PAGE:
A dazzling biography of the Eternal City - 'A tour of the great city with a great guide: who could do this better?' EVENING STANDARD.
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Los Alamos, 1945. Mort Whitman helps build "the gadget" that will end the war and immolate untold thousands of men – if it works. As the minds of men mushroom in a dark dream of war, he seeks solace in the white sands of the Jornada del Muerto. But what he discovers there teaches him how justice really works in the New Mexico badlands – as well…
For almost a thousand years, Rome held sway as the spiritual and artistic centre of the world. Hughes vividly recreates the ancient Rome of Julius Caesar, Marcus Aurelius, Nero, Caligula, Cicero, Martial and Virgil. With the artistic blossoming of the Renaissance, he casts his unwavering critical eye over the great works of Raphael, Michelangelo and Brunelleschi, shedding new light on the Old Masters. In the seventeenth, eighteenth and nineteenth centuries, when Rome's cultural predominance was assured, artists and tourists from all over Europe converged on the city. Hughes brilliantly analyses the defining works of Caravaggio, Velasquez, Rubens and Bernini.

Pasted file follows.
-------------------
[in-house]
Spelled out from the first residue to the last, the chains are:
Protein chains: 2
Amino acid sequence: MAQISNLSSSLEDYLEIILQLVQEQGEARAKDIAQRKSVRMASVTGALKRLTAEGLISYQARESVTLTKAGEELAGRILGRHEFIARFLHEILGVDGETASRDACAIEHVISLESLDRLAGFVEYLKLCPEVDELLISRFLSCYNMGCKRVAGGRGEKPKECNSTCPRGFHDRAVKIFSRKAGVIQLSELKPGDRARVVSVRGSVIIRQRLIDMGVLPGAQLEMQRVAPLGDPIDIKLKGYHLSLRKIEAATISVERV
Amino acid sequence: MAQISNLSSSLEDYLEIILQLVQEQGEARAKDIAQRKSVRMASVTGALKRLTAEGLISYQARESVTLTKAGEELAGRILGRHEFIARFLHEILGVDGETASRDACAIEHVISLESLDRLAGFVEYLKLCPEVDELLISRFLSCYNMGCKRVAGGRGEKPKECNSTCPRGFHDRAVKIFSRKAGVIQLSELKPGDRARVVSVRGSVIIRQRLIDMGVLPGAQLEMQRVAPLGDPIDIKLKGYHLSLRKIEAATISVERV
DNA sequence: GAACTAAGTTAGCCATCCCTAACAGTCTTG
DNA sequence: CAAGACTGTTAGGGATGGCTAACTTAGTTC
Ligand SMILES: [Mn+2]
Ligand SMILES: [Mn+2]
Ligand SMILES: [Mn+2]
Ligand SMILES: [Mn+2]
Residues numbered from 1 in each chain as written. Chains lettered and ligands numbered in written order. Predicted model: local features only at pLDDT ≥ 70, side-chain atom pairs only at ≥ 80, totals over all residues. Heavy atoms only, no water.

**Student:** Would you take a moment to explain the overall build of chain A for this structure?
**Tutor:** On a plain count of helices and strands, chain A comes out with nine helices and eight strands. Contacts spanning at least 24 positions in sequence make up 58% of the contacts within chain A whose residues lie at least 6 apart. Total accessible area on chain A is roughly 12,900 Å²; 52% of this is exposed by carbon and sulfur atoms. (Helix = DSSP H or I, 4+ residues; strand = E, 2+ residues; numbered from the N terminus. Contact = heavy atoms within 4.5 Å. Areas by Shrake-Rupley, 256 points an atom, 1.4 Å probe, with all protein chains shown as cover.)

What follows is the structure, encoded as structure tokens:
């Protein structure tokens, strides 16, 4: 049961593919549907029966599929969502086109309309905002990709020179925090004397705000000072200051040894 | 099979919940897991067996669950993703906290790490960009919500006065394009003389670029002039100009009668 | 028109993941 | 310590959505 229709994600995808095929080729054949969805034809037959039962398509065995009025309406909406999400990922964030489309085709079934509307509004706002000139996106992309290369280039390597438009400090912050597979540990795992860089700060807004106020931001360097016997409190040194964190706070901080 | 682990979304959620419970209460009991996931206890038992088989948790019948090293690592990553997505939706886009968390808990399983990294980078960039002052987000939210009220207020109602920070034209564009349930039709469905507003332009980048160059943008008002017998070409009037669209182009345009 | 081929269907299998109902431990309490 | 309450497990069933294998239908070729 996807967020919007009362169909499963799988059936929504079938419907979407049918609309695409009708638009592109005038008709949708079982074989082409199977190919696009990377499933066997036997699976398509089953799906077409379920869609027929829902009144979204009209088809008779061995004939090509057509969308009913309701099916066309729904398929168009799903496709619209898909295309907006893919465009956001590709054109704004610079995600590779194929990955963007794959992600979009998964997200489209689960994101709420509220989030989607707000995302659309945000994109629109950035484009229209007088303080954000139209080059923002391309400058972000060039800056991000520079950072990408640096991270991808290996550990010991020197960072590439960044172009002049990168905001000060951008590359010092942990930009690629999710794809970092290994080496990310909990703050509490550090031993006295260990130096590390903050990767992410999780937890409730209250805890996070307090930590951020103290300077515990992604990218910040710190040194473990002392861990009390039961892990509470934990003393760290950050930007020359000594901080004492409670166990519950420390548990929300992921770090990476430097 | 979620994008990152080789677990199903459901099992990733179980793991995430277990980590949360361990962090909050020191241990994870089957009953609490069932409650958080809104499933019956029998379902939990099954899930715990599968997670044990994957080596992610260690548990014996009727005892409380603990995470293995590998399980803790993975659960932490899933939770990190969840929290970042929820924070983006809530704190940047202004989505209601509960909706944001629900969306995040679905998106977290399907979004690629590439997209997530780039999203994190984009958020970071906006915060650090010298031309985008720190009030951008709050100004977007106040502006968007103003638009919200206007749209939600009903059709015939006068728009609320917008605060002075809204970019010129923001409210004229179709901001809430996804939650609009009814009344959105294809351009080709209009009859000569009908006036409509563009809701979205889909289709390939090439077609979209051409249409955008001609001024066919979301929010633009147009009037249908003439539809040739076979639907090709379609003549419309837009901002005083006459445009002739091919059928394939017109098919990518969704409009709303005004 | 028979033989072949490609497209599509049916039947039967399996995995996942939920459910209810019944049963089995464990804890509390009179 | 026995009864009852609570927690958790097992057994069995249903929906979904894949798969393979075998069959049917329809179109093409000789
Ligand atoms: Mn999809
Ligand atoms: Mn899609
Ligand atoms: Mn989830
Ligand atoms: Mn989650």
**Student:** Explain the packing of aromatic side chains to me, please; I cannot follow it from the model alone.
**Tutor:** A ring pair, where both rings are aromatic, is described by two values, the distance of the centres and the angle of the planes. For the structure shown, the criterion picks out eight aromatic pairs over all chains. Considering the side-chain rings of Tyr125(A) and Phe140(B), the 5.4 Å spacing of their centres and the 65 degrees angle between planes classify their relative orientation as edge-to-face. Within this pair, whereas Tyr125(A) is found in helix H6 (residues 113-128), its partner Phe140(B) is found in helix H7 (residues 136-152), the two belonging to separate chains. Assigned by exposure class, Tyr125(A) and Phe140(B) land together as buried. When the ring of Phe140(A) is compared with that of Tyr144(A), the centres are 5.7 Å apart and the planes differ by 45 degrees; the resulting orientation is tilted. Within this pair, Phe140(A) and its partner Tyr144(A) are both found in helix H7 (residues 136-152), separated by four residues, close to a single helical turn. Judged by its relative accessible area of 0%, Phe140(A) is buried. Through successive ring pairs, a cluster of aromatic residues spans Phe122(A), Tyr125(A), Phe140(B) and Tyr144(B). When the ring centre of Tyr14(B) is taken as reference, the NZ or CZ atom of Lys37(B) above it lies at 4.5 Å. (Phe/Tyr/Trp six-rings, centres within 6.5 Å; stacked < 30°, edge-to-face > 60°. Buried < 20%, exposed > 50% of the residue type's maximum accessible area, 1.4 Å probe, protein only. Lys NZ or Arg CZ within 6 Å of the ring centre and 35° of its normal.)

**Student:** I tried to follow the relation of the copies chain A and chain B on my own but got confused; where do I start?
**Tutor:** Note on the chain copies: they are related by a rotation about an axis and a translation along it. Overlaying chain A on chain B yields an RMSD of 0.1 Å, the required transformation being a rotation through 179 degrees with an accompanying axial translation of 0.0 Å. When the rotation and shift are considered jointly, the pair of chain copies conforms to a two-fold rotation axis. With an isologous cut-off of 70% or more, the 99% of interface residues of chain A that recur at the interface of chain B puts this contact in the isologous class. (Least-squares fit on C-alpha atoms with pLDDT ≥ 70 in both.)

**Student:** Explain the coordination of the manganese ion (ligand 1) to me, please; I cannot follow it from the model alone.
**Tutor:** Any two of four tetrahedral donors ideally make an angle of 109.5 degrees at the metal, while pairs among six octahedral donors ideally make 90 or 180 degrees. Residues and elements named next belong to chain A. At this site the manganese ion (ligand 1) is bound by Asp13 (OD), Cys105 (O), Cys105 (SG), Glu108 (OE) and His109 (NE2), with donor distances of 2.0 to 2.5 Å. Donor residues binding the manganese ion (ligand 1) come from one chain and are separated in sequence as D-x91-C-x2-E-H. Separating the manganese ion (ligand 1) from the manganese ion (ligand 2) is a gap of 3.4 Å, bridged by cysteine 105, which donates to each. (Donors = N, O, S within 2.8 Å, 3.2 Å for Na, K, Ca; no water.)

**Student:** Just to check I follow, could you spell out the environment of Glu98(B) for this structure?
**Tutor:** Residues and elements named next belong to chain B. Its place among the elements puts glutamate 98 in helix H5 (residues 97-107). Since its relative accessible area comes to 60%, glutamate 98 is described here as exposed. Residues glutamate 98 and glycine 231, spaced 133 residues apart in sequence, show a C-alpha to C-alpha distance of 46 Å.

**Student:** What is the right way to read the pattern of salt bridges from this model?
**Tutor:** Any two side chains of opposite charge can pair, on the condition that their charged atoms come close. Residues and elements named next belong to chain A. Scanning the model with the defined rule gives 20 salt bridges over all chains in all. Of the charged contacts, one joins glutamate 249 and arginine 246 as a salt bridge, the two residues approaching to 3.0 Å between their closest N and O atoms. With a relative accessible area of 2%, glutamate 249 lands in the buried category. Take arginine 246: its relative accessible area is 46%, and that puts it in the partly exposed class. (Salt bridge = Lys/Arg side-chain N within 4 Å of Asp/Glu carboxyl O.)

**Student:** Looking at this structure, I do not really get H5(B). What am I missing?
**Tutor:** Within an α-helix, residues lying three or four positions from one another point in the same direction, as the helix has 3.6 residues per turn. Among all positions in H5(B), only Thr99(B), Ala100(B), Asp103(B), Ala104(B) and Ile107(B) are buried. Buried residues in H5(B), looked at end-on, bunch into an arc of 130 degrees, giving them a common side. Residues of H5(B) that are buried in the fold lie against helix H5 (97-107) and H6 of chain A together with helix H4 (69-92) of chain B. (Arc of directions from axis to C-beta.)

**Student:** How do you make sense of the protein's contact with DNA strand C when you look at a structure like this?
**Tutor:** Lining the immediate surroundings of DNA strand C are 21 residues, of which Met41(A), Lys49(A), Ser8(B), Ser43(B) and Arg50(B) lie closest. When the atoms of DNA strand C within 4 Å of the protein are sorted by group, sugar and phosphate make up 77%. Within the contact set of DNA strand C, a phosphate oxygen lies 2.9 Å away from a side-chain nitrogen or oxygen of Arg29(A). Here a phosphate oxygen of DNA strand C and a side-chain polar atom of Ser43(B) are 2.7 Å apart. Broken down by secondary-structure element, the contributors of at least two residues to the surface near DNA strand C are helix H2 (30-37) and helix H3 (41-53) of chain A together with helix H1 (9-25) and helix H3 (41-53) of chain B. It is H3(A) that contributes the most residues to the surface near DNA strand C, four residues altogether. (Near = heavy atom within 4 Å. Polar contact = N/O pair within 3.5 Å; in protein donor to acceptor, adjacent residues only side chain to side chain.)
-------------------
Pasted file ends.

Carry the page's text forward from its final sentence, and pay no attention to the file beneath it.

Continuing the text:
Hughes' Rome is a vibrant, contradictory, spectacular and secretive place; a monument both to human glory and human error. In equal parts loving, iconoclastic, enraged and wise, peopled with colourful figures and rich in unexpected details, ROME is an exhilarating journey through the story of one of the world's most glorious cities.